Posted by sursumcorda on Wednesday, April 7, 2021 at 6:50 am | Edit
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Christ is risen!


I write this before heading out to church to worship, sing, and play with our hand chime choir. The sad news is the expected: Far fewer Holy Week services than usual, severely restricted congregational size for Easter, masks and unsocial distancing required, singing much reduced, and no choir on what is usually the most glorious day of the year. The good news: At least we're having services; last year at this time we were completely shut down. And if we have no choir, at least we will have guest musicians and our little hand chime choir ringing our hearts out. Plus many other choir members singing joyfully from the congregation, which may, perhaps, encourage more congregational singing than otherwise.

I am not unaware of the phenomenon that if you take away people's freedom for long enough, you can make them thank you when you allow them to have a small measure of it back, and that we are very much in that situation. Even so, it is far better to be grateful than not, though I'll reserve my gratitude for God, not the government and not the bishop (who has imposed stricter restrictions than the state).

After the service, I'll be scurrying around our kitchen, getting ready for our dinner guest. This is the same friend who joined us for Thanksgiving, only this time we will not "socially distance" our table. All three of us are well into our vaccination grace periods and intend to take advantage of it when we can reasonably do so, no matter what the more overly-cautious authorities may recommend. We're not going to be stupid about it—we have important events coming up and there are more germs than COVID out there that can bring one down. But "too much" does more harm than "enough."

We tend to be traditionally untraditional. I grew up having ham for Easter dinner, and loved it. However, Porter doesn't care much for ham, and in any case, a normal Holy Week and Easter leave me far too exhausted to think about cooking a meal, much less having guests. Recently, someone from the choir (we miss you, Peggy!) would organize a restaurant brunch. Needless to say, that's not happening this year. But with our severely restricted schedule, I'm willing to cook. But it won't look like Easter. For Thanksgiving we did not have turkey, rather a pork roast. The turkey in the freezer was reserved for a December "Thanksgiving" with family (about which, I realize, I have yet to write). The family get-together happened, but we were too busy with other things to make the belated Thanksgiving part of it. So guess what was still in the freezer and will make our Easter feast, complete with stuffing, mashed potatoes, gravy, sweet potatoes, and cranberry sauce?

UPDATE: Today's dinner, with the table together.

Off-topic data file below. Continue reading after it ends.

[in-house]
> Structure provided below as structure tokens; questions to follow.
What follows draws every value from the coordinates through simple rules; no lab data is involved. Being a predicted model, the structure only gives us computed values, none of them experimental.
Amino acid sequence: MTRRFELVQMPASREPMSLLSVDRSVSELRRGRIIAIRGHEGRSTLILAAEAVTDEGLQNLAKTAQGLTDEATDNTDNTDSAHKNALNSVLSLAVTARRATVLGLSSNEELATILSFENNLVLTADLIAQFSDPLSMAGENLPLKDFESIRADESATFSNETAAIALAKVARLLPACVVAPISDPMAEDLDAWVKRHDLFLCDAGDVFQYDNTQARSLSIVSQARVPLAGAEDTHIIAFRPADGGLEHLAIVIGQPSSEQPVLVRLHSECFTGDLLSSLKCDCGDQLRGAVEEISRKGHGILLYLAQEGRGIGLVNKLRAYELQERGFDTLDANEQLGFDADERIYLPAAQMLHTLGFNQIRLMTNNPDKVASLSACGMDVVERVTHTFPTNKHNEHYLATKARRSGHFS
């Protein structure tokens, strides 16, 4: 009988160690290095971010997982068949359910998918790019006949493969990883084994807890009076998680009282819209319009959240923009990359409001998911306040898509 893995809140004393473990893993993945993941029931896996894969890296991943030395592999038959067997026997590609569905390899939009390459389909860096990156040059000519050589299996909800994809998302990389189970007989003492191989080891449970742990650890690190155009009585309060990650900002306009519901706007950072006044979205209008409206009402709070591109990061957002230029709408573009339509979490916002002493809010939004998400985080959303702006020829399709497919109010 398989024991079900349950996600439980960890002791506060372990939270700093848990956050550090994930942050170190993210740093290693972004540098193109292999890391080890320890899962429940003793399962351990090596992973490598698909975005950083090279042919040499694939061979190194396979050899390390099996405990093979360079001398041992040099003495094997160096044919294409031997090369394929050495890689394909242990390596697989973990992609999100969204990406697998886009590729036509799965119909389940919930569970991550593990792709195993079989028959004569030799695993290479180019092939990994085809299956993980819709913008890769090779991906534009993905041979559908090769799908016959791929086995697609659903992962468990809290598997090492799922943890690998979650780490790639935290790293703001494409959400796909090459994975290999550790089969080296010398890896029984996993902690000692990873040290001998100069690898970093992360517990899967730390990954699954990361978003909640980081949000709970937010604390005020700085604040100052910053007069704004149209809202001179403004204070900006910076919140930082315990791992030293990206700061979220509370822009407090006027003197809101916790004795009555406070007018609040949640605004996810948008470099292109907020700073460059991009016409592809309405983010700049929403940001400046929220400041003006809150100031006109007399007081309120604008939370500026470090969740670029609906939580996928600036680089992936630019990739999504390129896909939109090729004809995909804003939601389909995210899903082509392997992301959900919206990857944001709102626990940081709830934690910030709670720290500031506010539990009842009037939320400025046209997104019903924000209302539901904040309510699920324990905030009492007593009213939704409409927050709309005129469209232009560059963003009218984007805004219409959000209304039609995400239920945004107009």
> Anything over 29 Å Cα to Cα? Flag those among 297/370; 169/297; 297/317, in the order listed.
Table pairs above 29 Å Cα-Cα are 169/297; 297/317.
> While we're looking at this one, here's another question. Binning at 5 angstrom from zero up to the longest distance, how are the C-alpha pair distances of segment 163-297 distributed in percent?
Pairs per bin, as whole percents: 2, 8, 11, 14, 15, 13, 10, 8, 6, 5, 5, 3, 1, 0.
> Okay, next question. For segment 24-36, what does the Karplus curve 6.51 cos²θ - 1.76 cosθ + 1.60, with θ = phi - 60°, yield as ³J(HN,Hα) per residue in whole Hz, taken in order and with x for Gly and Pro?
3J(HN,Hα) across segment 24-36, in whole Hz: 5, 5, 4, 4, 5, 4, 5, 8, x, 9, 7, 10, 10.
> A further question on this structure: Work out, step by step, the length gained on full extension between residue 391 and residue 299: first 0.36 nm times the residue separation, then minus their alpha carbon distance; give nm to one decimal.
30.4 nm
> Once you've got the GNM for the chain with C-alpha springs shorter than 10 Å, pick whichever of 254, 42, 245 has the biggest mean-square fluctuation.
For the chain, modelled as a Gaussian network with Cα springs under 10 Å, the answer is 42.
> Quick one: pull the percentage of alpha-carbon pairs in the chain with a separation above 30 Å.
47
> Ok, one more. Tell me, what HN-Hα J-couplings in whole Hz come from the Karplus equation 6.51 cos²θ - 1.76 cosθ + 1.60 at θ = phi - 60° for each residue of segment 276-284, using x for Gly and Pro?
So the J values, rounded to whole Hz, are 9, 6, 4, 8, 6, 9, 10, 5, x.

On a different note, meet St. Margaret of Scotland (click to enlarge).

 

Saint Margaret is my 28th great-grandmother (Porter's 26th), and I've written about her before. This "Tiny Saint" was a Good Friday gift from a very thoughtful friend whom I met in person for the first time at our church service. She is actually our cousin, albeit a tad distant: we all have Saint Margaret of Scotland as a common ancestor. The "Tiny Saint" was officially blessed by a priest, and now has pride-of-place in my office, watching above my computer and under photos of our grandchildren.

Our children, who each have what is considered today to be an unusually large number of offspring, may be glad to know that, according to the write-up on the back, their 27th great-grandmother is considered a patron saint of large families. She herself had eight children.


May you all have a very happy and blessed Easter!

Posted by sursumcorda on Sunday, April 4, 2021 at 7:30 am | Edit
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Maybe you never wanted to be a rock star.  Maybe you don't care much for that music and the genres it spawned.  Maybe you aren't interested in a career in the music world at all.

No matter:  In the first 22 minutes of this video, Rick Beato has a story to tell you, and some good advice for us all.  More of his interesting personal story is told in other videos on his Everything Music channel, but this summarizes his journey and how he faced the obstacles he encountered, including being rejected twice when he applied to music school.  He rambles a bit, but it's a good story. 

Posted by sursumcorda on Thursday, April 1, 2021 at 10:22 am | Edit
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Porter alerted me to this interesting, though highly biased, view of what's necessary for successful learning at home. It's from a Geopolitical Futures report by Antonia Colibasanu.

According to an April 2020 report by the European Commission, more than a fifth of children lack at least two of the basic resources for studying at home: their own room, reading opportunities, internet access and parental involvement (for children under 10 years old).

We can ignore the absurdity of needing internet access to learn from home, because the context of the quote is traditional classroom schooling provided from outside to children at home, rather than education per se.

What struck both of us, however, is the first "basic resource": that the child should have his own room. Granted, a quiet place to work is a great thing, but I see no reason why that implies the need for single bedrooms. And, as my friend and sometime guest poster points out, school classrooms are hardly solitary spaces. Mind you, I'm not in favor of open-plan offices, but I find it amusing that one's own room is considered necessary for learning but currently out of favor in our trendier workplaces.